It’s safe to say that the simulated experience of being a pig in a slaughterhouse will not be a pleasant one. iAnimal, an immersive VR video about the lives of farm animals, launched earlier this year and has already changed attitudes towards meat. But whether or not Harris becomes a vegetarian after the trial is not the most pressing aspect of this case. If the lawyers get their wish to bring a VR headset into the courtroom, they will make legal history.

“Virtual reality is a logical progression from the existing ways in which technology is used to illustrate and present evidence in court,” says Graham Smith, a technology lawyer and partner at the international law firm Bird & Bird.

“Graphics, charts, visualisations, simulations and reconstructions, data-augmented video and other technology tools are already used to assist courts in understanding complex data and sequences of events.”

Researchers have already been looking into the ways VR can be used in courts, with particular focus on recreating crime scenes. In May, Staffordshire University launched a project that aims to “transport” jurors into virtual crime scenes, whilst in 2014 researchers at the Institute of Forensic Medicine in Switzerland created a 3D reconstruction of a shooting, including the trajectory of a bullet. Although this will help bring to life complex evidence that might be hard to understand or picture in context, the use of VR in this way is not without its flaws.

“Whether a particular aid should be admitted into evidence can give rise to argument, especially in criminal trials involving a jury,” says Smith. “Does the reconstruction incorporate factual assumptions or inferences that are in dispute, perhaps based on expert evidence? Does the reconstruction fairly represent the underlying materials? Is the data at all coloured by the particular way in which it is presented? 

“Would immersion aid a jury's understanding of the events or could it have a prejudicial impact? At its core, would VR in a particular case add to or detract from the court's ability objectively to assess the evidence?”

The potential for bias is worrying, especially if the VR video was constructed from witness testimony, not CCTV footage or other quantitative data. To avoid bias, feasibly both the defence and prosecution could recreate an event from different perspectives. If the jury or judge experience the life of a distressed pig on its way to be slaughtered, should they also be immersed in the life of a sweaty trucker, just trying to do his job and panicked by a protester feeding his pigs an unknown substance from a bottle?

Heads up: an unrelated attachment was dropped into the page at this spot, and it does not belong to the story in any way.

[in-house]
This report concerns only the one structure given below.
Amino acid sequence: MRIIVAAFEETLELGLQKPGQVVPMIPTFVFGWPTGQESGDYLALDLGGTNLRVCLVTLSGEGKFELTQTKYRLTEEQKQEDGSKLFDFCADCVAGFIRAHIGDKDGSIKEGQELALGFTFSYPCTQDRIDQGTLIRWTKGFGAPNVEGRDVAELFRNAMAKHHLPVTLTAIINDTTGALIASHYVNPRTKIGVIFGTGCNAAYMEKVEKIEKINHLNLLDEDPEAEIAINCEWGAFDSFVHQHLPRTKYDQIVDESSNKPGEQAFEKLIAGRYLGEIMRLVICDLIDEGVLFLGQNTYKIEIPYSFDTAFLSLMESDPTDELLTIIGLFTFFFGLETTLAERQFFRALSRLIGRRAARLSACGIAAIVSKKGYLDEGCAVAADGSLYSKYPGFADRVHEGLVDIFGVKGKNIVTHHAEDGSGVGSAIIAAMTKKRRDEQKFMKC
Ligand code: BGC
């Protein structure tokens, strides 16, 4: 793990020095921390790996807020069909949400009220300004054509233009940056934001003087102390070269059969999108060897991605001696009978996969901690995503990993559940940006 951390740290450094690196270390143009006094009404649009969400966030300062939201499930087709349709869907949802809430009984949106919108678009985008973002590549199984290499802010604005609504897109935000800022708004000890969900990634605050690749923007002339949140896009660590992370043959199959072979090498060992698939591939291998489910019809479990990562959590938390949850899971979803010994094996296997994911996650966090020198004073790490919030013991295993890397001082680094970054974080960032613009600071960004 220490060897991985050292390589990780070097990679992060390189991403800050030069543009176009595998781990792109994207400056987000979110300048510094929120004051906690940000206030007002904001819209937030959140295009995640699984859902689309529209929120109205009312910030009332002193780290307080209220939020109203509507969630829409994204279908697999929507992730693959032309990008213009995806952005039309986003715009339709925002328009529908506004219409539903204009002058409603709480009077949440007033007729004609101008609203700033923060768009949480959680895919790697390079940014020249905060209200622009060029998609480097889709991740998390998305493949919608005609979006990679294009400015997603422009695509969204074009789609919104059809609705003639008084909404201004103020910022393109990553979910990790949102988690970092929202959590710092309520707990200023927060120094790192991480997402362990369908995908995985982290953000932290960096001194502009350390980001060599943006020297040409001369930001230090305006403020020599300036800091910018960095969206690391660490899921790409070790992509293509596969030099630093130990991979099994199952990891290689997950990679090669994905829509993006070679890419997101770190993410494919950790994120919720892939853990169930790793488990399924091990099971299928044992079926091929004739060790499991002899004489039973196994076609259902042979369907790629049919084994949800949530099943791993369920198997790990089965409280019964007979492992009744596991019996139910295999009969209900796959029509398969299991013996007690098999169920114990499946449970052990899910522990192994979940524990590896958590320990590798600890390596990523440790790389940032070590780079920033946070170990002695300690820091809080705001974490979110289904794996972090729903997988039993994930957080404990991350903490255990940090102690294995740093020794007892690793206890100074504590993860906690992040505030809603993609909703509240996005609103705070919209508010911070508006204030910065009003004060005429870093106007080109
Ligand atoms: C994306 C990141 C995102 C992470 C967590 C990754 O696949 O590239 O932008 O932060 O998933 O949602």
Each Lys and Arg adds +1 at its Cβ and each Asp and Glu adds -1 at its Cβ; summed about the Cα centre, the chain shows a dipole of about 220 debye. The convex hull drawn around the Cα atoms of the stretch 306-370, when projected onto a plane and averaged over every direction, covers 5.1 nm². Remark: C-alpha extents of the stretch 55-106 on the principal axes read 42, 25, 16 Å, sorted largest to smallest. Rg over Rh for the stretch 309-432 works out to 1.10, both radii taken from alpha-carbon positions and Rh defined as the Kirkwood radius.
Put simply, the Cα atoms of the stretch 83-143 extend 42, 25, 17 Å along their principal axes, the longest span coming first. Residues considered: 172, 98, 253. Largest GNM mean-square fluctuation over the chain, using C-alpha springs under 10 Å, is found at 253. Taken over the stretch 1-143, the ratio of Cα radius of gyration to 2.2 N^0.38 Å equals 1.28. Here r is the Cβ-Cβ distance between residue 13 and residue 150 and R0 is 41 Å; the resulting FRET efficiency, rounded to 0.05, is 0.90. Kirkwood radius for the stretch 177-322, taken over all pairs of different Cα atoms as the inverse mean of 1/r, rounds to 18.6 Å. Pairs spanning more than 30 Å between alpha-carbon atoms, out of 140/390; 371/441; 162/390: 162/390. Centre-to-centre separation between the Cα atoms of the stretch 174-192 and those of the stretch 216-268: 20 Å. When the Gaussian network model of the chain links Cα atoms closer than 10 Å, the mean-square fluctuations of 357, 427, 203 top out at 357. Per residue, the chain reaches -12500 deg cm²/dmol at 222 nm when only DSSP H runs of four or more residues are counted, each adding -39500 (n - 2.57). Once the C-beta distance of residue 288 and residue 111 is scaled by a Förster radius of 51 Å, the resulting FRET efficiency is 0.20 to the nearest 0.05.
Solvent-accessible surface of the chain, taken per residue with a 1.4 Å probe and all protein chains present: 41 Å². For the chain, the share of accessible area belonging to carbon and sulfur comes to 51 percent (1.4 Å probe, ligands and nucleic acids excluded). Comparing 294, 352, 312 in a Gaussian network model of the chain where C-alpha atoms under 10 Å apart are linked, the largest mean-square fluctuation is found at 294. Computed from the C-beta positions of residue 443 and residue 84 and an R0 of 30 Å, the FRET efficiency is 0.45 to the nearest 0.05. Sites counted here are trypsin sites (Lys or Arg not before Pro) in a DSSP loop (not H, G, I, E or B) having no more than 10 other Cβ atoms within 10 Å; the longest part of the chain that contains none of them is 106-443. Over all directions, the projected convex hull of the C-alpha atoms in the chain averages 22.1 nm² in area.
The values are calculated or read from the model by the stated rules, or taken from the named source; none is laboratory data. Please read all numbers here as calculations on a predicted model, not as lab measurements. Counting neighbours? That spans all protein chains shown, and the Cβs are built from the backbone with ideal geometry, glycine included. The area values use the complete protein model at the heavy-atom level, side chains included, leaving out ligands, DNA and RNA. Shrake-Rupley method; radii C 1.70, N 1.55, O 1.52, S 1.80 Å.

“These are not new debates,” says Smith. “Lawyers are used to tackling these kinds of issues with the current generation of illustrative aids. Before too long they will find themselves doing so with immersive VR.”

It seems safe to trust, then, that legal professionals will readily come up with failsafe guidelines for the use of VR in order to avoid prejudice or bias. But beyond legal concerns, there is another issue: ethics.

In 2009, researchers at the University of Leicester discovered that jurors face trauma due to their exposure to harrowing evidence. “The research confirms that jury service, particularly for crimes against people, can cause significant anxiety, and for a vulnerable minority it can lead to severe clinical levels of stress or the symptoms of post traumatic stress disorder,” they wrote.

It’s easy to see how this trauma could be exacerbated by being virtually transported to a scene and watching a crime play out before your eyes. Gamers have already spoken about panic attacks as a result of VR horror games, with Denny Unger, creative director of Cloudhead Games, speculating they could cause heart attacks. A virtual reality murder, however virtual, is still real, and could easily cause similar distress.

Then there is the matter of which crimes get the VR treatment. Would courts allow the jury to be immersed in a VR rape? Despite how harrowing and farfetched that sounds, a virtual reality sexual assault was already screened at the 2015 Sundance Film Festival.

For now, legal professionals have time to consider these issues. By October, Kranjc’s lawyers may or may not have been allowed to use VR in court. If they are, they may change legal history. If they’re not, Kranjc may be found guilty, and faces six months in jail or a $5,000 fine. 

Amelia Tait is a technology and digital culture writer at the New Statesman.